Local News


Progress on eliminating radio dead-zones on the Strip remains unclear

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Posted at 7:04 PM, Oct 01, 2019
and last updated 2019-10-01 23:22:14-04

LAS VEGAS (KTNV) — Radio communication is essential when responding to any emergency situation. Las Vegas police found this out firsthand during 1 October.

The after-action report details the troubles they had with "poor radio reception" inside the Mandalay Bay Resort. As a result, it spearheaded an effort by first responders to ensure all Strip properties have adequate radio coverage.

Two years later, it remains unclear how much progress has been made.

13 Action News reached out to 10 different casinos to see what they've done to improve radio coverage. Four of them got back to us by airtime.

The Wynn says it has "completed testing at the Encore" and is "awaiting the analysis and have begun testing at the Wynn."

A spokesperson for MGM Resorts says, "We have a close working relationship with the county and other partners and are continually evolving our procedures and technology to make them as effective as possible."

In an effort to find answers, 13 Action News went to the Mandalay Bay directly. Reporter Jeremy Chen went through nearly the entire floor of the casino and found radio traffic was still present.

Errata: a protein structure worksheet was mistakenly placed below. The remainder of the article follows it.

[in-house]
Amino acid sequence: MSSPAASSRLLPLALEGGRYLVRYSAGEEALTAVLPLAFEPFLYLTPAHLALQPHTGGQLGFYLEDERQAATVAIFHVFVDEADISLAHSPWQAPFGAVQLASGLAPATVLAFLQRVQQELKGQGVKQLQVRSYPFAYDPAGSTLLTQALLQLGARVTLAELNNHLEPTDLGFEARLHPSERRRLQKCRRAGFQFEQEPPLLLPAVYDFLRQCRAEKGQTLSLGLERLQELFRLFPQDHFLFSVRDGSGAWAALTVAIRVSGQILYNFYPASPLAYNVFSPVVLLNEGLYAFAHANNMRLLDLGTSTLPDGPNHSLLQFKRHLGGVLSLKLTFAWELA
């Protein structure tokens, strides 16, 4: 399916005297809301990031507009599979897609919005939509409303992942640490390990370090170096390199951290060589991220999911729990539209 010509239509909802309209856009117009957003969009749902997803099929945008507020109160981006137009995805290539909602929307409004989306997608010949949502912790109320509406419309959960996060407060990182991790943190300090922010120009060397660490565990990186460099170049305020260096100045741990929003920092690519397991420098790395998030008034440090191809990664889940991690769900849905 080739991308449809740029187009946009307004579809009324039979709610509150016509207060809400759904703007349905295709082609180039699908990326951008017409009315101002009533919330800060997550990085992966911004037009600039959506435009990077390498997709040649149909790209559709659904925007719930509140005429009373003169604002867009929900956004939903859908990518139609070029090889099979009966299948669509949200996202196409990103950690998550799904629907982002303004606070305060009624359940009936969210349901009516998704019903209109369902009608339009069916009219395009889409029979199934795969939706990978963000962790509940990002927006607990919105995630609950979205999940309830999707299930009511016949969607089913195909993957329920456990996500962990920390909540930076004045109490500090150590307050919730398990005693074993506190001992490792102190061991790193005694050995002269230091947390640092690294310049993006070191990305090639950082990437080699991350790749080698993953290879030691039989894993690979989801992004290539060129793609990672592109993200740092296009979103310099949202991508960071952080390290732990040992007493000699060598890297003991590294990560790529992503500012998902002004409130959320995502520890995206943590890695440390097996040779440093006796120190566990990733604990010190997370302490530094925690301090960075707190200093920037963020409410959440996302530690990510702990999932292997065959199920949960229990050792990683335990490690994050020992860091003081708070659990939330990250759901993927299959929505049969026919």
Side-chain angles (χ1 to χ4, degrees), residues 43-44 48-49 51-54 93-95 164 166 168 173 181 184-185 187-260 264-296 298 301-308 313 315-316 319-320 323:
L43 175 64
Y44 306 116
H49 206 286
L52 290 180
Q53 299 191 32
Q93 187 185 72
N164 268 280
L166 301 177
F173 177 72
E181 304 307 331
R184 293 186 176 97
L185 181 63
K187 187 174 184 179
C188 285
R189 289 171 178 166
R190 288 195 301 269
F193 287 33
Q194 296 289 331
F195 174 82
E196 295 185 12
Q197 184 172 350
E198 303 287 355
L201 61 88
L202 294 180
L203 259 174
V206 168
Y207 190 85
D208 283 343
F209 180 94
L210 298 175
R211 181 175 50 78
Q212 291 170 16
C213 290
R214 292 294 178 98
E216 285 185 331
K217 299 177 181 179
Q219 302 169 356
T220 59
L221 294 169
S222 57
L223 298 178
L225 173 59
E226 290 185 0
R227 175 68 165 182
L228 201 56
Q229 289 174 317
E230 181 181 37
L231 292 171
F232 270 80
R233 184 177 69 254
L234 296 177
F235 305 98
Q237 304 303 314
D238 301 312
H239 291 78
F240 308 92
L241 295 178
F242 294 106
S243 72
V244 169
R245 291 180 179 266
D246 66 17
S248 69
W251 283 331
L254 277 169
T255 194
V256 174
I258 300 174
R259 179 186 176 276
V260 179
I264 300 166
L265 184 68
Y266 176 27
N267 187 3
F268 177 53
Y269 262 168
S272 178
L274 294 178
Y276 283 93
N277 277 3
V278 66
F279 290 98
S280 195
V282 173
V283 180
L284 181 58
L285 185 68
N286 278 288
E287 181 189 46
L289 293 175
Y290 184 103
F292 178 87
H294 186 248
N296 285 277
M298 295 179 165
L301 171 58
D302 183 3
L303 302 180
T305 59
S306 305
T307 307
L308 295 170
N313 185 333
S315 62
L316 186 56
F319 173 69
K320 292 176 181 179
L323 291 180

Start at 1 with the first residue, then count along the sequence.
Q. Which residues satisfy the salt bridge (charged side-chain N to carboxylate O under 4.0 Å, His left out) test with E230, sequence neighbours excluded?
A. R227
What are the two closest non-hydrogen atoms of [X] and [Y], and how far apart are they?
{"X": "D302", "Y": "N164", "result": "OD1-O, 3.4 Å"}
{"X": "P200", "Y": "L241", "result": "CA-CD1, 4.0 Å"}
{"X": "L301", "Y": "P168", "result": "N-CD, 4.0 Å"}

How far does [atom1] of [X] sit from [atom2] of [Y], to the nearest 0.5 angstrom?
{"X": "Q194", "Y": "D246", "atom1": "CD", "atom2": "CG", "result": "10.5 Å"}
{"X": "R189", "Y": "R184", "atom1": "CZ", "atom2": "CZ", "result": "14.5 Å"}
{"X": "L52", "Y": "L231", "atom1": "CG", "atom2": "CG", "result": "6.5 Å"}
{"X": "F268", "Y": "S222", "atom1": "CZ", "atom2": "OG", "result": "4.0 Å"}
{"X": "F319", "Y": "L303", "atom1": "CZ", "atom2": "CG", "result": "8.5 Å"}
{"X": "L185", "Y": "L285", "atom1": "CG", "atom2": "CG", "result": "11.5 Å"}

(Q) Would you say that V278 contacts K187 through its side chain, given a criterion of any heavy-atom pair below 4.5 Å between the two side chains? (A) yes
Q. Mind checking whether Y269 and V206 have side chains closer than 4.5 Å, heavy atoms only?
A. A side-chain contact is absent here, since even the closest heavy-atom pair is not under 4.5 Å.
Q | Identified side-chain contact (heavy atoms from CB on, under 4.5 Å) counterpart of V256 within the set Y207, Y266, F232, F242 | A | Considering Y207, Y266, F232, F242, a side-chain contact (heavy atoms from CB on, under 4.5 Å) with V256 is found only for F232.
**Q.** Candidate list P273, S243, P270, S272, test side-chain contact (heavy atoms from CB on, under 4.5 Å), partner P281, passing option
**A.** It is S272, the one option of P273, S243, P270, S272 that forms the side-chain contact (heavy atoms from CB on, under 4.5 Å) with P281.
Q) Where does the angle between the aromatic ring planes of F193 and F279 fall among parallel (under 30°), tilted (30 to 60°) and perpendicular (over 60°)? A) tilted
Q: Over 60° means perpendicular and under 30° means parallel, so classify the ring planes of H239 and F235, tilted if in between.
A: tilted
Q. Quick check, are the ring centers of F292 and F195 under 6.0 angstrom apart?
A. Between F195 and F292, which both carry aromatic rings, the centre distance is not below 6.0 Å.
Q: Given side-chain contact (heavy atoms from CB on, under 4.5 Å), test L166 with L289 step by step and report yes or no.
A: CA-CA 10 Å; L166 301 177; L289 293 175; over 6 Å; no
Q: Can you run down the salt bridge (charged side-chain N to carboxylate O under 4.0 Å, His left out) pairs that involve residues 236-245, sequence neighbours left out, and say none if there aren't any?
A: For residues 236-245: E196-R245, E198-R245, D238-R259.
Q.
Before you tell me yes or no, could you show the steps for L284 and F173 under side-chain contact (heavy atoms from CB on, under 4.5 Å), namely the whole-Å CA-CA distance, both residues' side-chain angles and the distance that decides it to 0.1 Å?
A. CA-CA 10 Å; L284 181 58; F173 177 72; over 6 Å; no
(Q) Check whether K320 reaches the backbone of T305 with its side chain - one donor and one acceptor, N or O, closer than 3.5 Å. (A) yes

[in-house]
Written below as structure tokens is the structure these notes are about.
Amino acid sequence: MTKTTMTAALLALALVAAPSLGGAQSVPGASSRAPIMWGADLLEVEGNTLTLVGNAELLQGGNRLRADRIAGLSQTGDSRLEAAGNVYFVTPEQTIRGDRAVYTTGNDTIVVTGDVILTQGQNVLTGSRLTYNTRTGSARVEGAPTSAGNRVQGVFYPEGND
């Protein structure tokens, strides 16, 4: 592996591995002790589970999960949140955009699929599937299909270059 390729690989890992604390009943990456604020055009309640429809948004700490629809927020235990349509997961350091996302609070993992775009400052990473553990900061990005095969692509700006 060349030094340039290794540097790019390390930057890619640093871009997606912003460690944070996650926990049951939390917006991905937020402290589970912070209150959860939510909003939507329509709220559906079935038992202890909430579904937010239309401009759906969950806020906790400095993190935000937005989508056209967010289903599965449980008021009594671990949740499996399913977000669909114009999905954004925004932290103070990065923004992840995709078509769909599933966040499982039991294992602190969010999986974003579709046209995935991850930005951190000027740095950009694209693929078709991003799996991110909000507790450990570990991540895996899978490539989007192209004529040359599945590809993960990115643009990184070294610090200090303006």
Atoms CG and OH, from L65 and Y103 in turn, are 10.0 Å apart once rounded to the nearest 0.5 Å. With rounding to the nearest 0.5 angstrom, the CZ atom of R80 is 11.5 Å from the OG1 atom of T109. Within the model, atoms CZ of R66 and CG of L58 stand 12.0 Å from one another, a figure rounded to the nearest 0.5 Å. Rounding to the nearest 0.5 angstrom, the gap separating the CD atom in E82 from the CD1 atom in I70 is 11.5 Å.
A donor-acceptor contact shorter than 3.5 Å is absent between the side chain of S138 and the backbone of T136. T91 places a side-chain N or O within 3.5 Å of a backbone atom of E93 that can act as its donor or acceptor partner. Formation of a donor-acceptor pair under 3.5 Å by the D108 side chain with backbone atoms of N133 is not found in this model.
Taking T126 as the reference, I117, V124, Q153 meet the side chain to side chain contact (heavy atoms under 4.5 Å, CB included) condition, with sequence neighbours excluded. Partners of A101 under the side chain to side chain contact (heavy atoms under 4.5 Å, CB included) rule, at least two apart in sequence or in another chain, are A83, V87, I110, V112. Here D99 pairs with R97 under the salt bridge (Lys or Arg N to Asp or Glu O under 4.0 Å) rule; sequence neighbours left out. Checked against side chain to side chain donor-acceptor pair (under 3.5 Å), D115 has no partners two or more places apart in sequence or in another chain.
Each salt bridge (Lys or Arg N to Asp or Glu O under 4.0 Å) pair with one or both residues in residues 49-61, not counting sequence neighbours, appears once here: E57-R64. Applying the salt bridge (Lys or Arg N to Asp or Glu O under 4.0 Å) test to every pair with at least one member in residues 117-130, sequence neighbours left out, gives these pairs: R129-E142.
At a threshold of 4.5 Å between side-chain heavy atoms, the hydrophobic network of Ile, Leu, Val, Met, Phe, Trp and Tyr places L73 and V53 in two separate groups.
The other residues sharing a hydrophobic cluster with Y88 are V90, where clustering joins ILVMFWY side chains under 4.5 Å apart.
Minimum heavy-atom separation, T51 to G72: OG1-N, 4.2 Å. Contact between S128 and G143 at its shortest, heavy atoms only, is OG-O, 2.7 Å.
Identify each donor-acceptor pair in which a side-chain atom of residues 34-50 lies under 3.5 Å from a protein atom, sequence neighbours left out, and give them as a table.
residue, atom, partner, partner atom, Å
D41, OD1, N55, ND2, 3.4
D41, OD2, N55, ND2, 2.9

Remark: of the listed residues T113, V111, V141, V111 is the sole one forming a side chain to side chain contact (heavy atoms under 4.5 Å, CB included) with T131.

The Cosmopolitan and Caesars Entertainment declined to comment.

Boyd Gaming says they have no casinos on the Strip.

"The ability to communicate wirelessly during a crisis is absolutely essential. It's really the only lifeline our first responders have."

John Foley with the Safer Buildings Coalition says poor radio reception can be pointed to the building itself.

"Today's modern construction techniques and construction materials are very, very effective at blocking radio signals from coming in the buildings."

His organization works to help improve communications inside buildings and says local authorities have been proactive in eliminating dead zones.

Some new technology include fiber optics wires and antennas.

"An antenna is put on the roof that will capture the signal from the outside and bring it into the basement to a box that will amplify the signals and then it's distributed throughout the building,” he said.

He says this requires coordination between architects, building inspectors, and others. This cuts down on costs.

"When the walls and ceiling are not yet complete, it's relatively inexpensive to out these systems in and it's comparatively much more expensive to come in after the fact,” Foley said.